"Financial planners can rely on the expertise, experience and data available to their DFM to make informed decisions on how to position the overall client portfolio to best meet the client's investment objective, mitigate risk and seek out opportunities to add value to the portfolio when most markets are trading at a 20% discount," says Rassou.

With experience in manager research, selection and asset allocation based on a building block approach, a DFM will keep financial planners informed and understand precisely what risks and opportunities their portfolios are exposed to as they receive direct feedback from the asset manager.

"In addition, short-term tactical asset allocation can reduce investment risk and enhance returns if performed skillfully. Through using a well-resourced DFM, you can combine fundamental valuation research with economic insights to derive suitable tactical weights for your portfolios in an ever-changing environment.

We expect South Africa to closely follow the trend of adoption of the DFM model as in the UK. According to a UK based company, Rathbone Investment Management report, in 2018, 72% of financial planners saw an improvement in overall investment performance and 66% noticed an improved risk/return profile for clients after working with a DFM.

Rassou says that Old Mutual Wealth's DFM capability is built on this specialist multi-manager approach: planners have access to portfolios that incorporate both active and passive management strategies and instruments that "provide a packaged model portfolio solution tailored to the client's investment objective while controlling overall risks and costs," says Rassou.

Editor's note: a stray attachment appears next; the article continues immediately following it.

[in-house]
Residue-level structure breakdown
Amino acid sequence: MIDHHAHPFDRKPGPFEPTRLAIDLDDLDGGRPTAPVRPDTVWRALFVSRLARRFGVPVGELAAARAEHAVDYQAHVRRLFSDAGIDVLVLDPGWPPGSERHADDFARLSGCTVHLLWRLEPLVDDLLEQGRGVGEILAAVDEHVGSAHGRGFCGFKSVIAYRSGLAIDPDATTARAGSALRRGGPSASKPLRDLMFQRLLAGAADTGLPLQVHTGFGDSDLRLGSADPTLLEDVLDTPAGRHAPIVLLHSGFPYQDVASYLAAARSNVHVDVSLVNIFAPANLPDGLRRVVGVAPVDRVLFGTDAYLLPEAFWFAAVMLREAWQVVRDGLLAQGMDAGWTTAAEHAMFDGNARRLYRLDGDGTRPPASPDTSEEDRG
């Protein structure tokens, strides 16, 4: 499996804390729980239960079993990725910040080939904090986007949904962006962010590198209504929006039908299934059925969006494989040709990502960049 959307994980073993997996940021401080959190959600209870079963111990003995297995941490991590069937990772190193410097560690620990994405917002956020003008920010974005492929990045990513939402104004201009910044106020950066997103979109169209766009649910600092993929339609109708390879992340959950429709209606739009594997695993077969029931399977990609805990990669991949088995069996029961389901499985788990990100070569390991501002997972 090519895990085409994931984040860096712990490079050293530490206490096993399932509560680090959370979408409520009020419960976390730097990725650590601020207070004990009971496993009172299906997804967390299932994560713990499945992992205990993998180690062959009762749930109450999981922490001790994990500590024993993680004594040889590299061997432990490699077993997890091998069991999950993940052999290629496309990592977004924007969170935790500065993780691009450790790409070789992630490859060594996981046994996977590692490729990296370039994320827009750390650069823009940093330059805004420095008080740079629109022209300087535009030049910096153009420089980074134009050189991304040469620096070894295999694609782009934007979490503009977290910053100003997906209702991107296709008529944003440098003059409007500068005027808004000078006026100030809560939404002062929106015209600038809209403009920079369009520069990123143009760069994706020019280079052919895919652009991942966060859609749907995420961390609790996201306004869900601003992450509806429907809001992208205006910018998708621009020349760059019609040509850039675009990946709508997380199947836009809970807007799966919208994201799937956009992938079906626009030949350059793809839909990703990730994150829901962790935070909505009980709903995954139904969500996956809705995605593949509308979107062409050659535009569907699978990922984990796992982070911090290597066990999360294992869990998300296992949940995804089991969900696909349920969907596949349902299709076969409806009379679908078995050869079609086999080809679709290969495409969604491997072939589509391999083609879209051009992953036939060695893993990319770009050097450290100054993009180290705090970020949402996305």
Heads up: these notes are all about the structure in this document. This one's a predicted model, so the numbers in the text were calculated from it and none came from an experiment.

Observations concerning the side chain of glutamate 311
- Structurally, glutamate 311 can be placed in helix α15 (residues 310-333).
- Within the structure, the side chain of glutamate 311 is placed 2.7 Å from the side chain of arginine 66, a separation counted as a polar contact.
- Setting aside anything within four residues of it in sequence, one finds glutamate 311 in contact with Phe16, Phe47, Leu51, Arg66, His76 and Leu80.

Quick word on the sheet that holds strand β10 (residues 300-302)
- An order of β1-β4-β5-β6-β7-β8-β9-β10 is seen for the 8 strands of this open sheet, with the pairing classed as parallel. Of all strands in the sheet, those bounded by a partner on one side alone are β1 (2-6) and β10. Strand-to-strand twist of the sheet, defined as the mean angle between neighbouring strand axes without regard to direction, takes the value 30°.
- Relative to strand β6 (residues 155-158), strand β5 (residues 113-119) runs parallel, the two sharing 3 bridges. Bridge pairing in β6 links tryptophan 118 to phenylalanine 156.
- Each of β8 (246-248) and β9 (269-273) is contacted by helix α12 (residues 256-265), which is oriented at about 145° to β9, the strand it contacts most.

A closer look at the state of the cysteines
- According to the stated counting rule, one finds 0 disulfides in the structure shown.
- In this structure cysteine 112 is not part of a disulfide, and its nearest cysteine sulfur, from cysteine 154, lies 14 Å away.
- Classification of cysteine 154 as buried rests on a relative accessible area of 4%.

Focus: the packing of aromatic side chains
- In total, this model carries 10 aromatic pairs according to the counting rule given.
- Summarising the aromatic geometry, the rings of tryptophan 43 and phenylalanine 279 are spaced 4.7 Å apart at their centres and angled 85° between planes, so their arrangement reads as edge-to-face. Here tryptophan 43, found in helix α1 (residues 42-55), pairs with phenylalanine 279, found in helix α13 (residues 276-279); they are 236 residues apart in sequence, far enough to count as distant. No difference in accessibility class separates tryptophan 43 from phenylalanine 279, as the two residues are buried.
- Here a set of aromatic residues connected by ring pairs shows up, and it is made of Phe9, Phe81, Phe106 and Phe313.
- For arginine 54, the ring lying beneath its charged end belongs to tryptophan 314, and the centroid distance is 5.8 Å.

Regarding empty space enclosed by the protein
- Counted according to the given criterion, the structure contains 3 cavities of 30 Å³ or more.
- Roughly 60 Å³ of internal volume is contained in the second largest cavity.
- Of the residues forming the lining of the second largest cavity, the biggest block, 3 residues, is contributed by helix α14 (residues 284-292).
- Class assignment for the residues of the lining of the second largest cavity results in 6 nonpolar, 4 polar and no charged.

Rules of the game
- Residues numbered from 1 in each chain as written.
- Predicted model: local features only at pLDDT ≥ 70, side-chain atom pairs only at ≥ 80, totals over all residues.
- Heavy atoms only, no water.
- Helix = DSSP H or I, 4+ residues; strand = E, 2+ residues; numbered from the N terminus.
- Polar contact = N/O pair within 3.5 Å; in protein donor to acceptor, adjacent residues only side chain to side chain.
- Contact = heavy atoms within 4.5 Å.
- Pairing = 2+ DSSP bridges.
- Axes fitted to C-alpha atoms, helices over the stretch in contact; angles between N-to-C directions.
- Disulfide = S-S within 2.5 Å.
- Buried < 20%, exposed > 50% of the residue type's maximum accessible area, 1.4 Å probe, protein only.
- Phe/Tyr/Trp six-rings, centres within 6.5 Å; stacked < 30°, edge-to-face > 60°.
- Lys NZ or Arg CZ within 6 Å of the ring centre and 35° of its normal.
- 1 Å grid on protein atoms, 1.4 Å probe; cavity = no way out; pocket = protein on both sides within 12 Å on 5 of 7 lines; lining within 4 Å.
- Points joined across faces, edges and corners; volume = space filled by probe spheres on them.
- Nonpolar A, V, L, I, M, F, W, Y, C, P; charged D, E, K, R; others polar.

The added advantage for advisors is that they can leverage Old Mutual Wealth's scale and reach to lower overall management costs.

According to Rassou, the increasing use of DFMs in the retail space in the UK has driven down fund manager fees. This symbiotic relationship between them and advisors is having the added effect of raising financial planners' reputation.

With the introduction of RDR, planners are required to continually understand and interpret investment markets, which means that soon they would have to do investment research to make relevant recommendations to clients before they can give investment advice.

"These industry changes have been happening for some time now, but I think the COVID-19 crisis is going to accelerate the rate of change and challenge the way the industry has functioned to date. Everyone will have felt the impact of the global shutdown, and the subsequent collapse in markets will showcase the value of having the backing of a DFM as I have little doubt that every client will be reviewing their investment portfolio," Rassou concludes.

Quick Polls


How to give affordable and appropriate financial advice to the low income market segment. There is little room on a R50 pm policy for advisers to be remunerated for the time it would it would take to educate & fulfil admin function. What is the solution?


[a] Eliminate non-advice sales / telesales
[b] Implement industry standards for non-advice information
[c] Introduce an insurer-funded pro-bono advice network to low income earners
[d] Reinforce the Policyholder Protection Rules